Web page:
Remembering… Never Forgetting

Posted by on February 6th, 2015  •  0 Comments  • 

She would have been 100-years old yesterday, if she had lived that long.
Out of a busy schedule, digging for information, watching Torrey Pines and the PGA Tour, looking for storylines to write about, it dawned on me, in the strangest place.
The first round of the Farmers Insurance Open was delayed yesterday morning at Torrey Pines by fog, lots of it, damp-cold-breezy fog.  The kind I used to encounter growing up on Eastern Long Island.  Fog that rolls in so thick, you think you can cut it open with a pair of scissors.  Fog so wet, it just drips.  Fog so chilly you get cold despite a couple of layers of clothing.  Fog that makes you think of old time London, England movies.
And it reminded me of home, and then it reminded me of my mother, who would have been 100-yesterday morning.  It brought to mind a message I always pass on to friends.
I lost my dad at a young of age to cancer, died a week after he retired, never knowing he was sick.  Cancer, the cruel form of death.
My mom died at 94, having living a full life.  Alzheimer’s and Dementia took her, took her quickly from us.  Dementia, the saddest form of death.
But in the mist and the chill and the solitude that was Torrey Pines, I remembered growing up with her.  Family of seven kids, devout Italian Catholics, with rules and regulations that never seemed to end.  Strong discipline, stronger values.  Education and religion a part of everyday life like eating, sleeping and playing.
You remember incidents, getting hit with a hairbrush for pulling your sister’s hair.  Getting sent to the bedroom for hours for being mischievous.  Getting your mouth washed out with soap for saying a ‘no-no’.  Being made to sit at the dining room table and doing that homework, till it was done, and double-checked.
You think back to to reality things in life.  Wondering how a family that big could subsist without much income, and yet send all the kids to Catholic school, and all four to college.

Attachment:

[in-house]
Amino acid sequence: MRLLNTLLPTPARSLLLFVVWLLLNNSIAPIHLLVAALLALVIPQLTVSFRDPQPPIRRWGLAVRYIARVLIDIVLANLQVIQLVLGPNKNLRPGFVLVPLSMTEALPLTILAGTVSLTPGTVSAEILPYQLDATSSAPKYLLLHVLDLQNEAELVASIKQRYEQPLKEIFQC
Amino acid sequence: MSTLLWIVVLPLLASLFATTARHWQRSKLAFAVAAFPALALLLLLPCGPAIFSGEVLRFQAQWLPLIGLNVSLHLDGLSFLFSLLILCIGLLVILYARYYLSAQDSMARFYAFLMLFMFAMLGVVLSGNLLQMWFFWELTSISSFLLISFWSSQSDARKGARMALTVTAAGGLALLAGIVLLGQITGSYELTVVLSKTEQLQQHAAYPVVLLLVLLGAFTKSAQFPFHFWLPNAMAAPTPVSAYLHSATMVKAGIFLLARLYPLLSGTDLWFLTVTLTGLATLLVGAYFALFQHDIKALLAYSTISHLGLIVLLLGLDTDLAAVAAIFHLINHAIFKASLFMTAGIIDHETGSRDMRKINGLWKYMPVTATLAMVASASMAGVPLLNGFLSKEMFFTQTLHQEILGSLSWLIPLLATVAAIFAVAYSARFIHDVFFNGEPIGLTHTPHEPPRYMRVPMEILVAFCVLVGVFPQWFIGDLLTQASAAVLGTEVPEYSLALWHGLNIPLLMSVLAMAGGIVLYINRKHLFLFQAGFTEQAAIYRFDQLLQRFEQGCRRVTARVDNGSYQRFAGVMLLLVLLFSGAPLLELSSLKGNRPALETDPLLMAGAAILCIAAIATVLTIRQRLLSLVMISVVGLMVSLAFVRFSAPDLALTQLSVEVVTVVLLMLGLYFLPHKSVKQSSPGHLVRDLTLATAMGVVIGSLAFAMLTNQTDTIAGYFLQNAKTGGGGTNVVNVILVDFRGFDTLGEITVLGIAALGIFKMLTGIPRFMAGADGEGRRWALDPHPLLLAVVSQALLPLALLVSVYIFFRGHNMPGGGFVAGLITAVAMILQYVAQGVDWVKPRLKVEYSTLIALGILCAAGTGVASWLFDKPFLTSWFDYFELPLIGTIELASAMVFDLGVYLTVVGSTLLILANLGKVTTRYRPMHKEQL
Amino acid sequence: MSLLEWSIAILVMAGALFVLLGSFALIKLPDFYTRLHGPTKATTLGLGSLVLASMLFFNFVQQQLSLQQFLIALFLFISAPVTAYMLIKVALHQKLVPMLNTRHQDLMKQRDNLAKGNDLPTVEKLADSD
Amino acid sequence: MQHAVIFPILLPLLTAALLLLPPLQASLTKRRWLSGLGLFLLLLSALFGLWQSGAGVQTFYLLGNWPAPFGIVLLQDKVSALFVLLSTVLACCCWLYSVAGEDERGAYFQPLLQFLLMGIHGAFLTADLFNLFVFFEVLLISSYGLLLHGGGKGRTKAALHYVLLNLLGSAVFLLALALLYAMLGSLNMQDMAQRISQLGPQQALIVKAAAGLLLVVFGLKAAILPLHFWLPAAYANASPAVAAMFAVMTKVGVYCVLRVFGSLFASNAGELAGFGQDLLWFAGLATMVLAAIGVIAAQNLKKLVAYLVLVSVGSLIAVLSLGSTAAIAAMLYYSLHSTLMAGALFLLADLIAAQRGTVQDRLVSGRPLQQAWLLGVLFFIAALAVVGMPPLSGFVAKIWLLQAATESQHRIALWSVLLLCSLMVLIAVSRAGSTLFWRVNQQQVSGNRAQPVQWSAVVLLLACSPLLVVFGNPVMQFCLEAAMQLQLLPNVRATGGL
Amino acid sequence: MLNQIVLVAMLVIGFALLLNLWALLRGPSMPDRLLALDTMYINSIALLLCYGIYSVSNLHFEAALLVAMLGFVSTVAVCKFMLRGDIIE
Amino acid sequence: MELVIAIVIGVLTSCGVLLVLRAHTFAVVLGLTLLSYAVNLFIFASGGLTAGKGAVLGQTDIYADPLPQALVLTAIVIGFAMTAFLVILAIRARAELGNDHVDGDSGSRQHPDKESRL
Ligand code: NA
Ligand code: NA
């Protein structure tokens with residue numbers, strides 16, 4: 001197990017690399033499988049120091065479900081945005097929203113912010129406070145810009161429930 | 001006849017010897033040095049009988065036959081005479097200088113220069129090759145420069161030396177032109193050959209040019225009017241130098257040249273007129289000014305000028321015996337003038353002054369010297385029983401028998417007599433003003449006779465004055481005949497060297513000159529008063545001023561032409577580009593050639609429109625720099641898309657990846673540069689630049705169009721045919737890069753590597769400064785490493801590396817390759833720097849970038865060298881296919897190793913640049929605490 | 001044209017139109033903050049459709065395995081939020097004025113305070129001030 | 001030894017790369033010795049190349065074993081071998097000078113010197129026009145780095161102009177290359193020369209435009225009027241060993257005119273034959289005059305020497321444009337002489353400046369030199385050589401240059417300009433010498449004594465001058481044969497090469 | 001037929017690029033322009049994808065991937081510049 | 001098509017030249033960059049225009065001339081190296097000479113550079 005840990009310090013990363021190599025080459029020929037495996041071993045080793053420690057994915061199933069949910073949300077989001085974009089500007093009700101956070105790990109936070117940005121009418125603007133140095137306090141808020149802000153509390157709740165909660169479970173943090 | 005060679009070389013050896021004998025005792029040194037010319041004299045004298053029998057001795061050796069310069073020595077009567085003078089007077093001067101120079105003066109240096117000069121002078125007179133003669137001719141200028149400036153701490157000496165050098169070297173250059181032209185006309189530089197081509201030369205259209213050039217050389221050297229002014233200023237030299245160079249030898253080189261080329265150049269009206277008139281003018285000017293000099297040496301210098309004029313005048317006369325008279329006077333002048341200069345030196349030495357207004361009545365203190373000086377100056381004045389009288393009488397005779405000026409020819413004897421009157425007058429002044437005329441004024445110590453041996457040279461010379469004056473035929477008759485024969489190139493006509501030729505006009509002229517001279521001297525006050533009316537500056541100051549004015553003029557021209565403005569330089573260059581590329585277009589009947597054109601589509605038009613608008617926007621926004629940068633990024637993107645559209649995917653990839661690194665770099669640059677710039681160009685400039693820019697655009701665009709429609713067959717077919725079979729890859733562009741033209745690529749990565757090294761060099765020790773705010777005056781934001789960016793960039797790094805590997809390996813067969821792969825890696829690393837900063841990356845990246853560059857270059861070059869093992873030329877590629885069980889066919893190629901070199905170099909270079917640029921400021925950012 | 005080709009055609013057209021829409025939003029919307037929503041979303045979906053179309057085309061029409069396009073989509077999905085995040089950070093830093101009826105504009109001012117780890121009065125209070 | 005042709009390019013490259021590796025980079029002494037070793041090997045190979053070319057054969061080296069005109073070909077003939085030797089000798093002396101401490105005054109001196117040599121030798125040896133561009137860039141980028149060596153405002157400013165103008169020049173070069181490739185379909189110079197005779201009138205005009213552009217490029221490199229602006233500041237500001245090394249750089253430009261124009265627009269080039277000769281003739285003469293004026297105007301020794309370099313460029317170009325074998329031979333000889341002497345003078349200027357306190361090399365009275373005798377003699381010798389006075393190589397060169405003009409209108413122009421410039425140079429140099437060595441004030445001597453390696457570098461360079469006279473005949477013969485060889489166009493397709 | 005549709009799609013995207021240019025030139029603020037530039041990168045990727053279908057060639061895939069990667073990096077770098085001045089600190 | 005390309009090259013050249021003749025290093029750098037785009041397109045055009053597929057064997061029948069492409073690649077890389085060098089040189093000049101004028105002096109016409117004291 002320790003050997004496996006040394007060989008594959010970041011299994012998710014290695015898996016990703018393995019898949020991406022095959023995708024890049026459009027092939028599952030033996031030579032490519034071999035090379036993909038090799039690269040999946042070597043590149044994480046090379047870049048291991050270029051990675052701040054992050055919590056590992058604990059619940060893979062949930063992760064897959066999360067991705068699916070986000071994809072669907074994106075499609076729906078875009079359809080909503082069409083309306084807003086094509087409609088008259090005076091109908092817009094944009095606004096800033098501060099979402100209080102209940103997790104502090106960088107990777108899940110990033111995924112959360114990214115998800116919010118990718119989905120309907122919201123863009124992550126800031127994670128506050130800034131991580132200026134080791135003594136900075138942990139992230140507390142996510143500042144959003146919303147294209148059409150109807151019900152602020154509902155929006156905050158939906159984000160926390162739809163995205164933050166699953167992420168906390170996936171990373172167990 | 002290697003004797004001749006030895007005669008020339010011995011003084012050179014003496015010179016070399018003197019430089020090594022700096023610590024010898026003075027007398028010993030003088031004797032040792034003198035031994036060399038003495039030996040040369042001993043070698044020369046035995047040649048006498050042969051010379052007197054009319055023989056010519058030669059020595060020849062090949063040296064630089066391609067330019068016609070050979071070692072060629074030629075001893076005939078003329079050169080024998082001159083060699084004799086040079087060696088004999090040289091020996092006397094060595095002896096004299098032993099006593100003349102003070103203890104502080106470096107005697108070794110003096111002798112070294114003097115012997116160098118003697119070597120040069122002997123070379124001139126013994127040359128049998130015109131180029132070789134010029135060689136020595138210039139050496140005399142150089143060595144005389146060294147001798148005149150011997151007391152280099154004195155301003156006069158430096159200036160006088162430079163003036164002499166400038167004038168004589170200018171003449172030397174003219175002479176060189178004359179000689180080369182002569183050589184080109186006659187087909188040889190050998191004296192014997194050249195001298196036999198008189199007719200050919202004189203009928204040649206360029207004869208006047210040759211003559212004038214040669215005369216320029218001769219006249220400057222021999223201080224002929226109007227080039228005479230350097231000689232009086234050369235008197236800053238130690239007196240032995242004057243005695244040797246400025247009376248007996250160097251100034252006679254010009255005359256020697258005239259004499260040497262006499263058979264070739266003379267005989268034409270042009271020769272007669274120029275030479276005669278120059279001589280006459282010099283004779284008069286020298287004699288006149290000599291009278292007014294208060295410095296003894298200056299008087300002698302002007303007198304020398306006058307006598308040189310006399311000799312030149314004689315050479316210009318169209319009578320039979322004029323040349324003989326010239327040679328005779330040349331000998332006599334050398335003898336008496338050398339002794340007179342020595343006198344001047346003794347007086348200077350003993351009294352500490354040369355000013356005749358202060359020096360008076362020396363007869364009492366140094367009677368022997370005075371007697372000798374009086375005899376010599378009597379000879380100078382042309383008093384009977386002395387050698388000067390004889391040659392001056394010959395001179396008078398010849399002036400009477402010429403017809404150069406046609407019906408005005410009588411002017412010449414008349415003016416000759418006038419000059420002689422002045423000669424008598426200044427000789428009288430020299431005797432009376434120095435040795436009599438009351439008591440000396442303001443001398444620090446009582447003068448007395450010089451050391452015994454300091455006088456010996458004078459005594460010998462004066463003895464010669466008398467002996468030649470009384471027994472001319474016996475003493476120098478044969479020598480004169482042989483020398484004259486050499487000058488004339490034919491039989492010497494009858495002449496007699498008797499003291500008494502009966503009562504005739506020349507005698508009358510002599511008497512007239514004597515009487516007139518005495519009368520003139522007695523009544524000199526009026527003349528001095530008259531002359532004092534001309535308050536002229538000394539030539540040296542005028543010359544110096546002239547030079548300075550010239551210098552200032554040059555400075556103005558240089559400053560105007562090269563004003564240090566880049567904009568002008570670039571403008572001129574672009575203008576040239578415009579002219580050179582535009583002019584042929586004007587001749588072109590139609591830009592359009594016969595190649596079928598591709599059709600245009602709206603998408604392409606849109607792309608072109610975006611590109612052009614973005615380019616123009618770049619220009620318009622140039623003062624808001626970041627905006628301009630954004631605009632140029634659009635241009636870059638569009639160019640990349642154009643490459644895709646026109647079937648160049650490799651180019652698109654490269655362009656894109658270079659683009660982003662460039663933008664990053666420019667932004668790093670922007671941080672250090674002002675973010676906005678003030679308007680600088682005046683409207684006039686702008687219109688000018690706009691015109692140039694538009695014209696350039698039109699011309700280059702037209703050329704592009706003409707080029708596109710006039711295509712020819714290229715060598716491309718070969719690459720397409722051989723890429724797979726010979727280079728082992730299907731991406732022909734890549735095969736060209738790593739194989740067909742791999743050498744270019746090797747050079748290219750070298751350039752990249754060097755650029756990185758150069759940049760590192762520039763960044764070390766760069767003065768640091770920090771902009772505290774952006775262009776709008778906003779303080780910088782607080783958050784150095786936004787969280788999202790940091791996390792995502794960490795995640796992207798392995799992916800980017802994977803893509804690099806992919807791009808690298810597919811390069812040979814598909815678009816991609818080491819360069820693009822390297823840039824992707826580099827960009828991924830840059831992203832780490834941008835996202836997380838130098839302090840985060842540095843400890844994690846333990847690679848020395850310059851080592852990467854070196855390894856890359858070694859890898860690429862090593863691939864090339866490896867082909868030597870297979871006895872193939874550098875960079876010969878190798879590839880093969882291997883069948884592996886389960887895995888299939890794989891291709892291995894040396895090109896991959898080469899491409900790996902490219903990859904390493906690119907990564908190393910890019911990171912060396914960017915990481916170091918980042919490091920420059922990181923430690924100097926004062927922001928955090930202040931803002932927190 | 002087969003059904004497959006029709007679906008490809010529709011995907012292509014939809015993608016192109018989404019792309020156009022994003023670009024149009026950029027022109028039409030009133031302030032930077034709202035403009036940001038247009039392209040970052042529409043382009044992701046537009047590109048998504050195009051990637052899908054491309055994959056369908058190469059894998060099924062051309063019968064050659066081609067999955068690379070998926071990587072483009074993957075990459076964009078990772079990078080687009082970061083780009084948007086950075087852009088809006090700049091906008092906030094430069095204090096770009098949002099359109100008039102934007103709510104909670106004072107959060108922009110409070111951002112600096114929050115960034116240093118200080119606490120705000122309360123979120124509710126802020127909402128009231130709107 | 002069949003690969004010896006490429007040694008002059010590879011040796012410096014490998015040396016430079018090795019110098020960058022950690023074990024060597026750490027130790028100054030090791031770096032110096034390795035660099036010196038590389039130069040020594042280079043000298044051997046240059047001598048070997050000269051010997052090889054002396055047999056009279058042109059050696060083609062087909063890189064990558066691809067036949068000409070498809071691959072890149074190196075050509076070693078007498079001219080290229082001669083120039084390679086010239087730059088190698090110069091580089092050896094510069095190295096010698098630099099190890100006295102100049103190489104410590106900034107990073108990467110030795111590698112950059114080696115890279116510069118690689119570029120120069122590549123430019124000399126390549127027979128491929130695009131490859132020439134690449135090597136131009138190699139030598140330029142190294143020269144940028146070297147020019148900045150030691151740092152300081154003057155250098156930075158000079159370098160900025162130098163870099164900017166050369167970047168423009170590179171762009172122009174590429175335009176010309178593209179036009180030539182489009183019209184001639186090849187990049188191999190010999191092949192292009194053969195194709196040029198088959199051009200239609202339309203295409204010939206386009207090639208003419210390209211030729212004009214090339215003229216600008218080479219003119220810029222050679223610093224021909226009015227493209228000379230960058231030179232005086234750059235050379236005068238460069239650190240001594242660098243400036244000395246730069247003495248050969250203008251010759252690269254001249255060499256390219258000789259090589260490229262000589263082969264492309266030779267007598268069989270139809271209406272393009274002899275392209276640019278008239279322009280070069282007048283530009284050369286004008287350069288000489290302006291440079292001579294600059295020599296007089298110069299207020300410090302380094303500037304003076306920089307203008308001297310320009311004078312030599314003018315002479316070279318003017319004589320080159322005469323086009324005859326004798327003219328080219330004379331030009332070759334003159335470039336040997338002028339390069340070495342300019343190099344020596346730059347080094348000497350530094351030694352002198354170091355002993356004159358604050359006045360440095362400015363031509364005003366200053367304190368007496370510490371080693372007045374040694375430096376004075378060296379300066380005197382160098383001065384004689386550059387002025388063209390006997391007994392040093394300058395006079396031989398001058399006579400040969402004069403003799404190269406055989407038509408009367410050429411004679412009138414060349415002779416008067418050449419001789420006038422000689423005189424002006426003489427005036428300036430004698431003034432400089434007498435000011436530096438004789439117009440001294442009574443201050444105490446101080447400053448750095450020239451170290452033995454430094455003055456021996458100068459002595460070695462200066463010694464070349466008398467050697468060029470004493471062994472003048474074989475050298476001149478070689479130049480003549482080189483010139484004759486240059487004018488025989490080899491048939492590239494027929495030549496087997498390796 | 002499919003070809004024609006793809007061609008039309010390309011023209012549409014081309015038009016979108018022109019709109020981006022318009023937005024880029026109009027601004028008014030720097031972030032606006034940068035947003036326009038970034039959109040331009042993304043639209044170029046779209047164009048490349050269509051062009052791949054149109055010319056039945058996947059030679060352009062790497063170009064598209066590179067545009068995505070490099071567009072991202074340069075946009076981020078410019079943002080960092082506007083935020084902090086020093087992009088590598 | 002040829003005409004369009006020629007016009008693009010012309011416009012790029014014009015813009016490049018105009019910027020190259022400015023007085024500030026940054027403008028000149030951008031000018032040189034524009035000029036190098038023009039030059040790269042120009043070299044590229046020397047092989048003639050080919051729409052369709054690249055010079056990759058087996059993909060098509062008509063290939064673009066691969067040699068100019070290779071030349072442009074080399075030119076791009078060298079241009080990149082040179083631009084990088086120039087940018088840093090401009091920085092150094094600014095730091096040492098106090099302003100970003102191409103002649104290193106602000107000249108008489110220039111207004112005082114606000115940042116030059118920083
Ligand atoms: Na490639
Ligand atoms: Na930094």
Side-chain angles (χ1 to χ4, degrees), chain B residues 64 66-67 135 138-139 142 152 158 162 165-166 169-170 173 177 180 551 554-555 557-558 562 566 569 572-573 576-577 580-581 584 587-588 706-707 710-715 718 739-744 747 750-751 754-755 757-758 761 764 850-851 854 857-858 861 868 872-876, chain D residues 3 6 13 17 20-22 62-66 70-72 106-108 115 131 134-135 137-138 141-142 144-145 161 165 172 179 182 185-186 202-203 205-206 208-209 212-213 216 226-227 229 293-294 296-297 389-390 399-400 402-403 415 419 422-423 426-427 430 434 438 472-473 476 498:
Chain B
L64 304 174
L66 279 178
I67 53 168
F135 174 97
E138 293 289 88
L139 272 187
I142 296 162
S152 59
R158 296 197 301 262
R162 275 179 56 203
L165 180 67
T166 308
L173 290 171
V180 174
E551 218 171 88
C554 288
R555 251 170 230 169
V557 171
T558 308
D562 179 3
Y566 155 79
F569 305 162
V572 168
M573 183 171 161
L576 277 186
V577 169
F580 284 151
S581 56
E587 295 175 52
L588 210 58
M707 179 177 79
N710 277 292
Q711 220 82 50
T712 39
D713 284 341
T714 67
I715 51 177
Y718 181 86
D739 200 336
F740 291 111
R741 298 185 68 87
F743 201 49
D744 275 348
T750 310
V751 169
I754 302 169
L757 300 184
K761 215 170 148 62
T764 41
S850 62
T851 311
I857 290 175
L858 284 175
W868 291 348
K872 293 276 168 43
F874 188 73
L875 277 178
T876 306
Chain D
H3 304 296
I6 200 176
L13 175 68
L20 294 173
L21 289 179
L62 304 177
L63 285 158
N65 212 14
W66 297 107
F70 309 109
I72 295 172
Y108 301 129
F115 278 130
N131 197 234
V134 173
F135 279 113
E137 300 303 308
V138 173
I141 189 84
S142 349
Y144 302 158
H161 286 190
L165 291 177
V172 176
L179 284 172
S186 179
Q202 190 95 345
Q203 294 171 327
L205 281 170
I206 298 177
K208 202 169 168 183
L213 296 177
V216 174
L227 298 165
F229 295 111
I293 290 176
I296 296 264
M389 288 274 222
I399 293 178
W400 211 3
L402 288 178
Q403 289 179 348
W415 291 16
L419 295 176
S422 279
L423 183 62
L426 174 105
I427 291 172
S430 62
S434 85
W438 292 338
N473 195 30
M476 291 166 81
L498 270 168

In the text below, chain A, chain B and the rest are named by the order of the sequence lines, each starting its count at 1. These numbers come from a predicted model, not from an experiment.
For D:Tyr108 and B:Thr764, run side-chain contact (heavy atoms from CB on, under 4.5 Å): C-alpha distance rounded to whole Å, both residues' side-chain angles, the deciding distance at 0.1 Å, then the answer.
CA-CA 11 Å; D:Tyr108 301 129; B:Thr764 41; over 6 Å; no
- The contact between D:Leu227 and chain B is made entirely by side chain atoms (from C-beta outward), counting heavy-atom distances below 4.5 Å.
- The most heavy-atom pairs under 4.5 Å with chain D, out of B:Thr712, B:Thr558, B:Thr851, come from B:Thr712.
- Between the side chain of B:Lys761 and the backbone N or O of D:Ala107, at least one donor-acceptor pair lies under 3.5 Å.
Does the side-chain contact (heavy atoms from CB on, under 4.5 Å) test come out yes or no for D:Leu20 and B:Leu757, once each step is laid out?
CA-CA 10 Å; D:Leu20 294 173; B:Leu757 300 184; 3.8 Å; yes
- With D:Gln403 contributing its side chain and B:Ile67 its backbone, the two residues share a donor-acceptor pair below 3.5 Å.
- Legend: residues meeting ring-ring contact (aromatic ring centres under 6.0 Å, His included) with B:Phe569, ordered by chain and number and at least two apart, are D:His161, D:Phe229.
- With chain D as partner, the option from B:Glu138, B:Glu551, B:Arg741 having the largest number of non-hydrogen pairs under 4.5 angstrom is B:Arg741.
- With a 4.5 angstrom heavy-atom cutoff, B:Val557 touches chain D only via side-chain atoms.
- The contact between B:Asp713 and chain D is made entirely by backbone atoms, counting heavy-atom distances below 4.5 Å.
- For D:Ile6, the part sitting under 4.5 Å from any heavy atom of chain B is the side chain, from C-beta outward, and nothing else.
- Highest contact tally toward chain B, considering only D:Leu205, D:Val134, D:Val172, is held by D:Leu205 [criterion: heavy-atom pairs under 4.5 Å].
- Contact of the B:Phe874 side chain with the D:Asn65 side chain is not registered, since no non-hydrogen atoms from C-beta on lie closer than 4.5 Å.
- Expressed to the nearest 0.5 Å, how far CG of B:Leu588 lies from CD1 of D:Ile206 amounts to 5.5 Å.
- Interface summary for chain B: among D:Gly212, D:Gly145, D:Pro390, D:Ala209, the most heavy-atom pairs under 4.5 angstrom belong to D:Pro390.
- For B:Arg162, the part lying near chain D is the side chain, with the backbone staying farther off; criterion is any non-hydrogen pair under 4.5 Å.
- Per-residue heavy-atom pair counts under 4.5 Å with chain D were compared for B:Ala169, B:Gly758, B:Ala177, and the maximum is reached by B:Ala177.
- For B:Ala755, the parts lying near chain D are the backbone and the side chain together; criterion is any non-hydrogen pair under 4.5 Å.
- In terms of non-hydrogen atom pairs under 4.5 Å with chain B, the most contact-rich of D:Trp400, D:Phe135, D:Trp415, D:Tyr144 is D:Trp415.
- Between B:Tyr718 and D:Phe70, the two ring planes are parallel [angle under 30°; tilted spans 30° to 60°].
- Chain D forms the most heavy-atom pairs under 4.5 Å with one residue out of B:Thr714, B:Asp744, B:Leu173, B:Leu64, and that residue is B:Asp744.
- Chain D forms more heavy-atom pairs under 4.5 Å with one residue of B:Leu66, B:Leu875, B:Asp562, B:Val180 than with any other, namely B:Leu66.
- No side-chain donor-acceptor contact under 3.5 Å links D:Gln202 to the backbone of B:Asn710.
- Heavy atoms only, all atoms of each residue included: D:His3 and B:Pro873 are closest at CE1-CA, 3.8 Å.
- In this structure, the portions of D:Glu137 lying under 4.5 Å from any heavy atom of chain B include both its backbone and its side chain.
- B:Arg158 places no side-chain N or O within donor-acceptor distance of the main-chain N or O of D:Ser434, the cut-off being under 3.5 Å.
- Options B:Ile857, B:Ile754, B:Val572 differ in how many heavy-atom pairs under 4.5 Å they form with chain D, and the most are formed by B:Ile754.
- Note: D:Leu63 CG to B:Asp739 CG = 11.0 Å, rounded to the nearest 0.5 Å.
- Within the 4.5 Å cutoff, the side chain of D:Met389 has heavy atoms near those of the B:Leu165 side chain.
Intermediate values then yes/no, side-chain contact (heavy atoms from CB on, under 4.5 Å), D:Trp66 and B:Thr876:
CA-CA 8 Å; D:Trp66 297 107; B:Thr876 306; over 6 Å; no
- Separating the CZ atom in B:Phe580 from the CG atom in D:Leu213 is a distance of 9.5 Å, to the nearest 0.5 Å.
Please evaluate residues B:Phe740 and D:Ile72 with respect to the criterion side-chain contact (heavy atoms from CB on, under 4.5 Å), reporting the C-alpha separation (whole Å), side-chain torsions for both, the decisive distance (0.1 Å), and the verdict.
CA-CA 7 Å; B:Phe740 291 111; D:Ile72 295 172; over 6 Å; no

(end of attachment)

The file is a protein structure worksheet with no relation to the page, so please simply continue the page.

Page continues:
Flashbacks of family pictures, holidays, what few vacations we took.  Remembering a mother who seemed forever awaiting the arrival of the next baby.  Thinking back to her raising a family almost single handedly while her husband travelled with a job.
In the waning days of her life, when I took ‘care control’ of her, instead of sadness, we played to the memory of the life lived.  She didn’t always remember my name, confused me with a brother, said I was her husband, even asked me who was sitting at the end of the couch-my wife of 35-years.
Though there was not much current currency in her memory bank, there was history.  One night, sitting watching an NHL hockey game, she told me “I was there”.  Where I said?  “There-at Madison Square Garden”.  When-with who.  “With that man.  He took me and we had a great time on my first date.”  She was referencing a different era.  It was 1936 and my dad had taken her to see the Montreal Canadiens-vs-New York Rangers at the Garden.  Strange the way the ancient memory kicked in.  A treasured moment.
We all grow from our life’s experiences, good and bad.  We all remember happy times and sad. Some families were great, some were broken; some had wealth, others had poverty; some had love while others had alcohol.  We are a product of where we came from for sure.
But on this day, I thought of where she came from, a huge family, working in the mills, where Italian was the tongue, not English, and how she became the first to go to college.  How she lived a life of values and love.  How she steeled herself against the adversity of what happened to her brothers in World War II.  How she lived a life of strength after her husband passed.  And how her life spanned from Ellis Island, thru the Depression, the war, suburbia, and kids and grand-kids.
Of all the things you learn, the most valuable thing is to understand your heritage, your family, it’s history.  For when they, the parents are gone, a true piece of your life goes with it.
100-years, I relish what I know about her and her life, that impacted our life.  A mother may be gone, but surely never-ever forgotten.  You should try and grasp that too with your family.  Torrey Pines and banks of fog made me remember.
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